Unprecedented oil fall

International Energy Agency sees a drop of 9.3 million barrels a day for the rest of the year

Editorial April 22, 2020

Oil futures cratered in the United States on Monday, going into negative territory for the first time in history. The price of West Texas Intermediate (WTI) crude oil futures expiring in May plunged more than 300% and was trading as low as minus $42 a barrel midday before ‘recovering’ and rising to around minus $17 in after-hours trading. That was still the lowest level ever recorded. The collapse was so astounding that Brent crude losses — which affect Pakistan more — were muted by comparison. Prices for Brent fell as much as 9.5%, to $25.41, midday before settling around $26.

The cause of the crash was excess supply. Storage capacity for oil has peaked in the US and many other countries, and demand has plummeted since the Covid-19 coronavirus pandemic and ensuing lockdowns froze activity worldwide. Prices fell and will continue to fall even though OPEC and its allies agreed to the biggest-ever production cut just last week. This is because, despite the cut, oversupply will remain until restrictions under the coronavirus lockdown are lifted and demand rises. It could also have substantial knock-on effects because many US oil companies cannot make a profit if WTI stays around $20.

Analysts see more than 500 such companies going bankrupt if prices remain at that level until next year, and the signs are worrying. Contracts for later in the year are hovering between $20 and $33, but if the storage capacity issue is not resolved, prices will continue falling in the coming months, and companies will keep going bankrupt, causing another hit to the global economy. Analysts predict US storage capacity will max out by the summer, even if lockdowns are eased, because demand is expected to stay at lower than normal levels.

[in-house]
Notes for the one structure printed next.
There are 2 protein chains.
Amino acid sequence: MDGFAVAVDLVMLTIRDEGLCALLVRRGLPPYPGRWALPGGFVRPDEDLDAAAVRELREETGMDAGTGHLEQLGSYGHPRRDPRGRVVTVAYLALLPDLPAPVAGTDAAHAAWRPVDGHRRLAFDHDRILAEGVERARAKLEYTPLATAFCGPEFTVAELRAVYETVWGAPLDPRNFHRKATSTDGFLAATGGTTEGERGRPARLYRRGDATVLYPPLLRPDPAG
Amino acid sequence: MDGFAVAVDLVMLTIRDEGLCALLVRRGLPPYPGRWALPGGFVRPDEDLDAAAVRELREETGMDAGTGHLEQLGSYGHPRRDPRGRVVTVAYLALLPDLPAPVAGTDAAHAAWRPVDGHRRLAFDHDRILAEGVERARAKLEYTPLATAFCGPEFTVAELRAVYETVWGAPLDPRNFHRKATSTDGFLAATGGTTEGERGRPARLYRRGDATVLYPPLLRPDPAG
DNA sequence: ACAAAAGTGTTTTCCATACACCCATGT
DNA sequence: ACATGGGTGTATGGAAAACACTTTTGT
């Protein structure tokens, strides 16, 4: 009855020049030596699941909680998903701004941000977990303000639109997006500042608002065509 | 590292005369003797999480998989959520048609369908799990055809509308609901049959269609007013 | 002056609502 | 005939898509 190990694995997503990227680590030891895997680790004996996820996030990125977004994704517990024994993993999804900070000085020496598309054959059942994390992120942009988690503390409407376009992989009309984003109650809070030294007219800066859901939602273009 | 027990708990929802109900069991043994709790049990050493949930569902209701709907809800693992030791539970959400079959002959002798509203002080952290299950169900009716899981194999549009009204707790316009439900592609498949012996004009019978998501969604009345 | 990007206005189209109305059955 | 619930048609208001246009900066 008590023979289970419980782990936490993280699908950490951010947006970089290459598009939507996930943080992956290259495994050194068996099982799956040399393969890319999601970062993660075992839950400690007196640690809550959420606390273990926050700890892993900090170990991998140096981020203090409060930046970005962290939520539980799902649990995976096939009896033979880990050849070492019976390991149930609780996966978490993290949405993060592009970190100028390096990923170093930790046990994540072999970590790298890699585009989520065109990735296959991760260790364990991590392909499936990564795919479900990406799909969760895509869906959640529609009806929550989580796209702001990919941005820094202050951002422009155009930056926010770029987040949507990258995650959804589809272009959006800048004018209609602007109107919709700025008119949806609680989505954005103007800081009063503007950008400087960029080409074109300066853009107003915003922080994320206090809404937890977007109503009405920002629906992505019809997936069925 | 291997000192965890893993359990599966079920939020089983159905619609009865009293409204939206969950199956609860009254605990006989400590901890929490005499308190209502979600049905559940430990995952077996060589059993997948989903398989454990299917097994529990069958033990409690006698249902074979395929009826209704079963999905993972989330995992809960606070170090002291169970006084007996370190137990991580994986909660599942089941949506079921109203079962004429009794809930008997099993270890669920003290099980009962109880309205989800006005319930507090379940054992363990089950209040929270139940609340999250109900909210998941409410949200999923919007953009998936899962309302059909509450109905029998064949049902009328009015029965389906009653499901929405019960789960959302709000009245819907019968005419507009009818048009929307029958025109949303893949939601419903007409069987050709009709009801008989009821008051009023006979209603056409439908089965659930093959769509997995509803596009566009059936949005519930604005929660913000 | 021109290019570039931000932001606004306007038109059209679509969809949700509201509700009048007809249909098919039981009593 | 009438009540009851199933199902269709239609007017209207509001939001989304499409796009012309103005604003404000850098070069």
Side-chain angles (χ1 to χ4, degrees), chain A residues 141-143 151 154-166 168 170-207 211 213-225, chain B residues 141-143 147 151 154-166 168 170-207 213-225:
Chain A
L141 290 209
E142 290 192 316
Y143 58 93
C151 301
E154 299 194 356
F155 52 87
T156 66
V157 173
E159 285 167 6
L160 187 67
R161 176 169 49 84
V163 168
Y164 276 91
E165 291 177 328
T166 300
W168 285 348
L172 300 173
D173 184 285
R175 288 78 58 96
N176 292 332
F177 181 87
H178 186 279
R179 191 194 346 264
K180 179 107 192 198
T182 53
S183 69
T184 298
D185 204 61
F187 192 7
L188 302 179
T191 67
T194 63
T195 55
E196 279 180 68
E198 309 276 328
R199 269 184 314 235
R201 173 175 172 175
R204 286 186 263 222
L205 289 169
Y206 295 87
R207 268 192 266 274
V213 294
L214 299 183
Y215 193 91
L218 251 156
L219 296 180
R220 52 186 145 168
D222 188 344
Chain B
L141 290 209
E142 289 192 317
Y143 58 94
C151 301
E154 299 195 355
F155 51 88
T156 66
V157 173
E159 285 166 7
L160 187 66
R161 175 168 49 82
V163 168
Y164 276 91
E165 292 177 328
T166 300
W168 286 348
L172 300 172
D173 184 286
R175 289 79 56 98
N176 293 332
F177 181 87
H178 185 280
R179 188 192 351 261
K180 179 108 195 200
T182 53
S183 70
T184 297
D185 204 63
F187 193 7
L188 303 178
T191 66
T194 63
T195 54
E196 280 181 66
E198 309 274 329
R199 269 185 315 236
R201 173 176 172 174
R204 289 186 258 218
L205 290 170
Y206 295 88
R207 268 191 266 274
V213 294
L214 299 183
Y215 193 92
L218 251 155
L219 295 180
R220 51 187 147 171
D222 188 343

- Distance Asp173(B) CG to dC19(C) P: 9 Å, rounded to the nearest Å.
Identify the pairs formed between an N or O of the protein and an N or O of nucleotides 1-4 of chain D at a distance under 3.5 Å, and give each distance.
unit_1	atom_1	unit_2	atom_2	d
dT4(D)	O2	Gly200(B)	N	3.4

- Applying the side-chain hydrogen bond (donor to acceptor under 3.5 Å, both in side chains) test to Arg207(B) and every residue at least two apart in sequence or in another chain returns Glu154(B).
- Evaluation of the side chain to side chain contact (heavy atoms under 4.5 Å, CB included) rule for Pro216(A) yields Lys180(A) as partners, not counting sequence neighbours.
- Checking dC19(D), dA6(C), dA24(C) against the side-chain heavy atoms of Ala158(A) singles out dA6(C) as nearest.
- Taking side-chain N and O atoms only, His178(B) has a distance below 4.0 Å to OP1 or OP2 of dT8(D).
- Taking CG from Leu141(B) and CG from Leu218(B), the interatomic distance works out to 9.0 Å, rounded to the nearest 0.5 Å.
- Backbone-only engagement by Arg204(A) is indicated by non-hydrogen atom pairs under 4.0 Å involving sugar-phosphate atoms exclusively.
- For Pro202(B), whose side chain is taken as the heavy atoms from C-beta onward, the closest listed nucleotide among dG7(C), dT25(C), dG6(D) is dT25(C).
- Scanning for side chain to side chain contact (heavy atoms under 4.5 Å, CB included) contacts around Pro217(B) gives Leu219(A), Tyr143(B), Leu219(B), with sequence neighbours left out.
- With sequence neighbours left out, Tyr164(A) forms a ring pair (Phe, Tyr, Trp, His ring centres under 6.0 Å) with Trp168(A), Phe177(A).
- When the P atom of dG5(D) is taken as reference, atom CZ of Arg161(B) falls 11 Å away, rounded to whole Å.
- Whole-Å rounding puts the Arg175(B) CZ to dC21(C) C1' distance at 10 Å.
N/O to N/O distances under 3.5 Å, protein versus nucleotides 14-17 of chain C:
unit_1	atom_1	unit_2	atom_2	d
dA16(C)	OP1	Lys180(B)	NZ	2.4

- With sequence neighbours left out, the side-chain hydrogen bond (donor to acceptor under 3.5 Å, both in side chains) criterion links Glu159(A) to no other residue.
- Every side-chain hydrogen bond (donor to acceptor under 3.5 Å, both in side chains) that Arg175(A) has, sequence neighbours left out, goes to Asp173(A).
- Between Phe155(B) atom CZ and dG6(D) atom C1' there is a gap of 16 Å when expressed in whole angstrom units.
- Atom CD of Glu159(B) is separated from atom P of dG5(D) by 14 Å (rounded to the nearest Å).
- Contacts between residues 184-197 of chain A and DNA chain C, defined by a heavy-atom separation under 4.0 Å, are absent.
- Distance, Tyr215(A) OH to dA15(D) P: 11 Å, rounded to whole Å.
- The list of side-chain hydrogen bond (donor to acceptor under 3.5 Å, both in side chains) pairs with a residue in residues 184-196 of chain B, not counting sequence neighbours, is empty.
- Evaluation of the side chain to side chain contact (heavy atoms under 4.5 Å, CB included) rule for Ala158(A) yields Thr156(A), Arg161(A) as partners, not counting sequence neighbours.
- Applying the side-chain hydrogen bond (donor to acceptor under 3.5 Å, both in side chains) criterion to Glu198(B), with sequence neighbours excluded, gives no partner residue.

The International Energy Agency sees a drop of 9.3 million barrels a day for the rest of the year. If that were to happen, poor oil importers such as Pakistan might actually have a field day. Cheaper oil means fall in energy prices — and thus lower cost of production and lower inflation. But too much of a good thing could also hurt, lest we forget that without petrodollars, remittances and aid from the Middle East will dry up quick.

Published in The Express Tribune, April 22nd, 2020.

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